Life lessons learned after September 11th

This Sunday, September 11th, I’ll be heading to NYC on an American Airlines flight.

And yes, I do feel the significance of flying on that airline on that date.

I’m not much for anniversaries, but there’s something about the 10 year anniversary of September 11th that can’t be ignored.¬† Like so many people around the world, I was glued to the television that day as I watched the events unfold. Two months later, I was in NYC for the first time with Anthony Muller, Disa Johnson and Jill Whalen. I still remember the lights around Ground Zero as they cleared the wreckage. And the way people were just a little bit kinder to each other.

It was a terrible and beautiful time to be in the City and it will stay with me forever. Like so many people around the world. I learned some incredible lessons that day – many of which shaped how I run my business. Here are just a few:

People are good. In today’s “you must practically disrobe before boarding a plane” mentality, it’s easy to see evil around every corner. You hear stories about businesses being ripped off by clients who won’t pay – or mortgage companies kicking folks out of their homes – and it’s easy to believe that the only person we can trust is, well, ourselves.

Once upon a time, I was on yet another American flight. My dog was dying, and I needed to make it home that night so I could spend just a little more time with her before I took her to the vet the next day. My seat was in the back of the plane – and my connection was tight. The stewardess said that I wouldn’t get off the plane in time to make my connecting flight. I was devastated until…

…A wonderful gentleman in first class heard my story and volunteered to switch seats with me (he must have been an angel, because no-one voluntarily gives up their first class seat for a middle coach one). I was the first off the plane – and the last on my connecting flight. Because of that man, I was able to spend my last hours with Corky the Corgi. I’ll never forget him.

There are incredible stories about how people are helping others. Kickstarter is a fantastic example of complete strangers coming together to help someone reach their goal. Conferences have charity parties (SMX East is holding one for breast cancer research.) Churches and community groups help people every day. You can choose to focus on what you read in the paper (which is usually negative,) or focus on the light you see in people. I prefer to see the light.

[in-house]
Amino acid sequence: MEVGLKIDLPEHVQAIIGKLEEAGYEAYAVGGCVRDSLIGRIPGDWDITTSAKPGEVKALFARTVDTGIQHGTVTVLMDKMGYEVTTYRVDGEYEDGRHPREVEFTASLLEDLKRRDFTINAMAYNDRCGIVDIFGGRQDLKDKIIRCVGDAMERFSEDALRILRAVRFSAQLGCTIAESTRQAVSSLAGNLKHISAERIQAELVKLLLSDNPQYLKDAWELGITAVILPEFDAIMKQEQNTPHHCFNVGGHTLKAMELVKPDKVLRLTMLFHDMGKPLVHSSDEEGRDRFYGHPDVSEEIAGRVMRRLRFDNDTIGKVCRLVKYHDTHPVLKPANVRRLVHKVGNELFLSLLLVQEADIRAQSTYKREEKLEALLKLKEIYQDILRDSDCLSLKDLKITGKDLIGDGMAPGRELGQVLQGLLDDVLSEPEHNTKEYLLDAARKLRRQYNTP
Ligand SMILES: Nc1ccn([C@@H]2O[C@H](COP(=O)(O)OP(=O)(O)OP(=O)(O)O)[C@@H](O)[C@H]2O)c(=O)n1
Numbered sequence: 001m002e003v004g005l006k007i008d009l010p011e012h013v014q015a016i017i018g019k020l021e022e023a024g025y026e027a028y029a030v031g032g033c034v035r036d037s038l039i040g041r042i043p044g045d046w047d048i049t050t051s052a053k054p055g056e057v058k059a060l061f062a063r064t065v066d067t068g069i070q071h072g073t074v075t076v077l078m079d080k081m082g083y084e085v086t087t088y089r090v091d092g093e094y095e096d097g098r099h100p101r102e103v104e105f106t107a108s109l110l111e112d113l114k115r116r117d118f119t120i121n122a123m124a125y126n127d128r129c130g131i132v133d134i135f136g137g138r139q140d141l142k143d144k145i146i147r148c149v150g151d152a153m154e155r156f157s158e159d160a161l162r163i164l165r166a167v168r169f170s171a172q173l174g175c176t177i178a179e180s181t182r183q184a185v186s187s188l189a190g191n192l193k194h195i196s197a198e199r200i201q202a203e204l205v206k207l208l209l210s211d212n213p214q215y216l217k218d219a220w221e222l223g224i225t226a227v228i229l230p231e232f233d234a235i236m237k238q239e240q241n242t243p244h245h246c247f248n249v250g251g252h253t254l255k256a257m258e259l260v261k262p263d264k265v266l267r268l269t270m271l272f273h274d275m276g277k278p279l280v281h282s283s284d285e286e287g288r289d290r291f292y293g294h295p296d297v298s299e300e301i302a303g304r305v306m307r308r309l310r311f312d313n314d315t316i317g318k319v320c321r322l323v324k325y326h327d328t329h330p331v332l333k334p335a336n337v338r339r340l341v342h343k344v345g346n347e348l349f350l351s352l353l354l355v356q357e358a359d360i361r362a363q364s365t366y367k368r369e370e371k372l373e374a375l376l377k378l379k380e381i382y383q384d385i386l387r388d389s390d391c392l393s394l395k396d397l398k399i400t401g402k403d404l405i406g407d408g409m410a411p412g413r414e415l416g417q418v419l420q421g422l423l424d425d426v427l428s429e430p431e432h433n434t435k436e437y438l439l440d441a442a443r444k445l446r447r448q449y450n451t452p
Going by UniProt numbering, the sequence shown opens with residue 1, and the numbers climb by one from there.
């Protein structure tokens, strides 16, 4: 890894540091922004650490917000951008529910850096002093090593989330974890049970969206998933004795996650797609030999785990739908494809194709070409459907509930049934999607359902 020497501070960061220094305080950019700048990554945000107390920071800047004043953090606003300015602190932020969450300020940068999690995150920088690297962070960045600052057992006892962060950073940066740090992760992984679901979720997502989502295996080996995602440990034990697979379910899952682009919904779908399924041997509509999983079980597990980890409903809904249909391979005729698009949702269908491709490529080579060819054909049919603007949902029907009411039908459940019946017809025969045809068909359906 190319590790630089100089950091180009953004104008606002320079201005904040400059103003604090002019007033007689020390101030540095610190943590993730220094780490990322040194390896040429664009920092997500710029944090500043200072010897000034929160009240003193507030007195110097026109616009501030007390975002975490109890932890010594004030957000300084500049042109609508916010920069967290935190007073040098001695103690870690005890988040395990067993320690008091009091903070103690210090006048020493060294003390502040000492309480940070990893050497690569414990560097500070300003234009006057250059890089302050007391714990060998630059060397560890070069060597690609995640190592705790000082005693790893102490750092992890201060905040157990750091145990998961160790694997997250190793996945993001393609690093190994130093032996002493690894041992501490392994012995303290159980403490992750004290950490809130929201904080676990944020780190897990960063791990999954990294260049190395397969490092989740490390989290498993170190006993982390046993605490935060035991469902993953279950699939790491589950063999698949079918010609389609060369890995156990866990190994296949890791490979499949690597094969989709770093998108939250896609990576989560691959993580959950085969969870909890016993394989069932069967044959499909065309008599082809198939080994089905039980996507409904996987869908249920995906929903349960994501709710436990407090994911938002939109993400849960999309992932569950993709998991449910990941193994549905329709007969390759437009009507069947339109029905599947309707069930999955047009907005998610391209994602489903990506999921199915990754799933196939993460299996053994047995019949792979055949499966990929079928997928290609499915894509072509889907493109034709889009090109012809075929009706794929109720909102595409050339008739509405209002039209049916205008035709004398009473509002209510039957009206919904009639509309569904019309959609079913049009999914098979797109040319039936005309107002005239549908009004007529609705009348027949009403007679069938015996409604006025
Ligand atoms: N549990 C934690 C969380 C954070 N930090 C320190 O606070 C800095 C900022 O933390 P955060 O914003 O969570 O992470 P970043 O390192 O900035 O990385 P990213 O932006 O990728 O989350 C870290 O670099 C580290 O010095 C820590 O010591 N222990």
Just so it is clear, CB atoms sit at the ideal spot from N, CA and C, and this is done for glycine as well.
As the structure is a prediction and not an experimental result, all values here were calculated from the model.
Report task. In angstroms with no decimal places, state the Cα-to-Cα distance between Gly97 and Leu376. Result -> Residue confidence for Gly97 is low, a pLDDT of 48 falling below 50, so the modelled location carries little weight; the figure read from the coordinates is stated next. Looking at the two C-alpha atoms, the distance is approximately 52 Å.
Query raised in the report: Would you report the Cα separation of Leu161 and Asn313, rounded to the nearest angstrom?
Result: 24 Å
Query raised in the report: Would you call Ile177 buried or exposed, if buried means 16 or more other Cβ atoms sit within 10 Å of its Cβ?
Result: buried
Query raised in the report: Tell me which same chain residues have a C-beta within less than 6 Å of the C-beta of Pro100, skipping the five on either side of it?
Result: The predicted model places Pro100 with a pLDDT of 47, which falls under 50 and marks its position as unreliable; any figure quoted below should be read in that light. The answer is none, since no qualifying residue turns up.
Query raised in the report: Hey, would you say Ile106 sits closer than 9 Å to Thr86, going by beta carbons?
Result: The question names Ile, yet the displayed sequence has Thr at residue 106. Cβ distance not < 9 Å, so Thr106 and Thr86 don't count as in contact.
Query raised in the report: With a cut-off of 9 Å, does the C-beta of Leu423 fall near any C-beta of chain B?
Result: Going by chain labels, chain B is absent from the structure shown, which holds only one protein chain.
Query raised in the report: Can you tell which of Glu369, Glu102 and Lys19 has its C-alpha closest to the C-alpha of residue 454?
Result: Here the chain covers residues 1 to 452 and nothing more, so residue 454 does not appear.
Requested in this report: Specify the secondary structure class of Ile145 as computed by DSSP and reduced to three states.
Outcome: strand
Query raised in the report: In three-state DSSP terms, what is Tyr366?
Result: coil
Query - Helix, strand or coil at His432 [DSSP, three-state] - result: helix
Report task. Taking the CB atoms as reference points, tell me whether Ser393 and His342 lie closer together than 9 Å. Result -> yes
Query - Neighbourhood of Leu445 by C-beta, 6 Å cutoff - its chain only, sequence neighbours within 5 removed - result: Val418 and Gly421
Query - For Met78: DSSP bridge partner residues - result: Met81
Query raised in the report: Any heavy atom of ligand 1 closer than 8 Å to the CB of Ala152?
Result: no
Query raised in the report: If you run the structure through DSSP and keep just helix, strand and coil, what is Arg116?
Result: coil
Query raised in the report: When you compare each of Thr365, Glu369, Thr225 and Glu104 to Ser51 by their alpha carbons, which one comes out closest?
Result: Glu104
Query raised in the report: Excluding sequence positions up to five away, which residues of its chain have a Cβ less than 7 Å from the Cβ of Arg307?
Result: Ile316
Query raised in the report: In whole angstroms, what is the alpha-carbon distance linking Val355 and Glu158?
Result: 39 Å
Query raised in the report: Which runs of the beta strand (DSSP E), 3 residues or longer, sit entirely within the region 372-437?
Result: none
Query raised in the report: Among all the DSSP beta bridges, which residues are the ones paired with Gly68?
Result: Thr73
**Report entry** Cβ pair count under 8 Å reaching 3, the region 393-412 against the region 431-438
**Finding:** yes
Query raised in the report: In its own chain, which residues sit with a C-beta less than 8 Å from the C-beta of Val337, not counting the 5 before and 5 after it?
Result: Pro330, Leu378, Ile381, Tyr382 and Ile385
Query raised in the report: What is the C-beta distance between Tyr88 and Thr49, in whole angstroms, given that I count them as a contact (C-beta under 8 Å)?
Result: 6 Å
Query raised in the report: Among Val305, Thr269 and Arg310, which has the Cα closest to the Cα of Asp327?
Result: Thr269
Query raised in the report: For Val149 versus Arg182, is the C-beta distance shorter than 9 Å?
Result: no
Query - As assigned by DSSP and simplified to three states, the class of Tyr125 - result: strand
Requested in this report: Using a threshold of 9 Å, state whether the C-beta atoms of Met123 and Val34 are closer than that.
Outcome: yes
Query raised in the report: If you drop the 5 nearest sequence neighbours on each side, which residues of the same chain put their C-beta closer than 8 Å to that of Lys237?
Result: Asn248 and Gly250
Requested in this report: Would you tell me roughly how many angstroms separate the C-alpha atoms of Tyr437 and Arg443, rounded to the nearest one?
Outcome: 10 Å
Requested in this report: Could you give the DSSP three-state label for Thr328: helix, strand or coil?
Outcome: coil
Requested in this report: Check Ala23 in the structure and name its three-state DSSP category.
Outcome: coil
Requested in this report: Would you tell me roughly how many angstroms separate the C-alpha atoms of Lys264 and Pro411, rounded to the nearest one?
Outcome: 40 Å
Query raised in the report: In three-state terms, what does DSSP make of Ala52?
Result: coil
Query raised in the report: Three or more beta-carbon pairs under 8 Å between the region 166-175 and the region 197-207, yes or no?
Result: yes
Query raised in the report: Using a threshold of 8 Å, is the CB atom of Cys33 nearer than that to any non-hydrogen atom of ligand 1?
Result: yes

Don’t judge others. Six months after September 11th, I was rudely pushed out of line as I was boarding a plane. Imagine my chagrin when the “pusher” was my seatmate – and for half the flight, I was stewing over what I saw as a personal affront. Then the man started talking. He was back in NYC for the first time after the attacks. Not only did this man lose many of his friends in the World Trade Center bombing, he told the story of holding a woman who watched her husband die. By the end of the flight, we were both bawling like babies – and I realized what I considered “rude” was just another human being trying to cope.

Consider if you find yourself judging people, and see how you can change your attitude. Do you step around the homeless man on the street with the thought “Get a job” bouncing in your brain? Do you see people who are more successful than you and think, “Well, at least I didn’t have to sell my soul to get where I am today.” Do you judge the writer who asks for too little – or too much – money? It’s amazing how much more clearly we can see others when we drop our preconceived notions and allow ourselves to see people for who they really are.

You can make a difference in someone’s life today. There doesn’t need to be a worldwide incident for you to be the change you want to see in this world. Write a thank you note to someone who has made a difference in your world (I just wrote one to my high school English teacher – and damn, it felt good.) Help a stranger just because you can. Donate to a wonderful cause (Disa Johnson is running for AIDS research and is searching for donations.) Be a mentor and help someone’s career. Heck, even being friendly to your local Starbucks barista (rather than being on your phone and barking your latte order) can make a huge difference.

Other ways you can help right now:

– Answer a question in Linked In or Quora.

РSpeak  at your local high school or college.

– Help someone launch their business.

– Volunteer to help a non-profit.

It may not seem like much to you, but spending just a little bit of time can mean a tremendous amount to someone else.

Life is short – live it. In the two years prior to September 11th, I had lost both my father and my husband. Since then, I’ve lost two other friends – one to an accident, one to cancer. What have I learned? I tell my friends that I love them. I cherish every day and take nothing for granted. I live life on my own quirky, eccentric terms. And I hold nothing back. I would rather give whatever I’m doing my all and fail spectacularly (although there’s really no such thing as “failure,”) than do a half-assed job and hope that no-one notices me.

If you’ve been holding yourself back, it’s time to break free. Screw the fear! It does nothing but hurt you. That could mean…

– Quitting your day job and starting your own business.

– Trying your hand at public speaking.

– Raising your rates.

– Trying something new – a new sport, reading a new book. Even listening to new music can pull you out of your comfort zone.

This September 11th, let’s take the time to celebrate ourselves – and each other. After all, we are the change that we’ve been waiting for.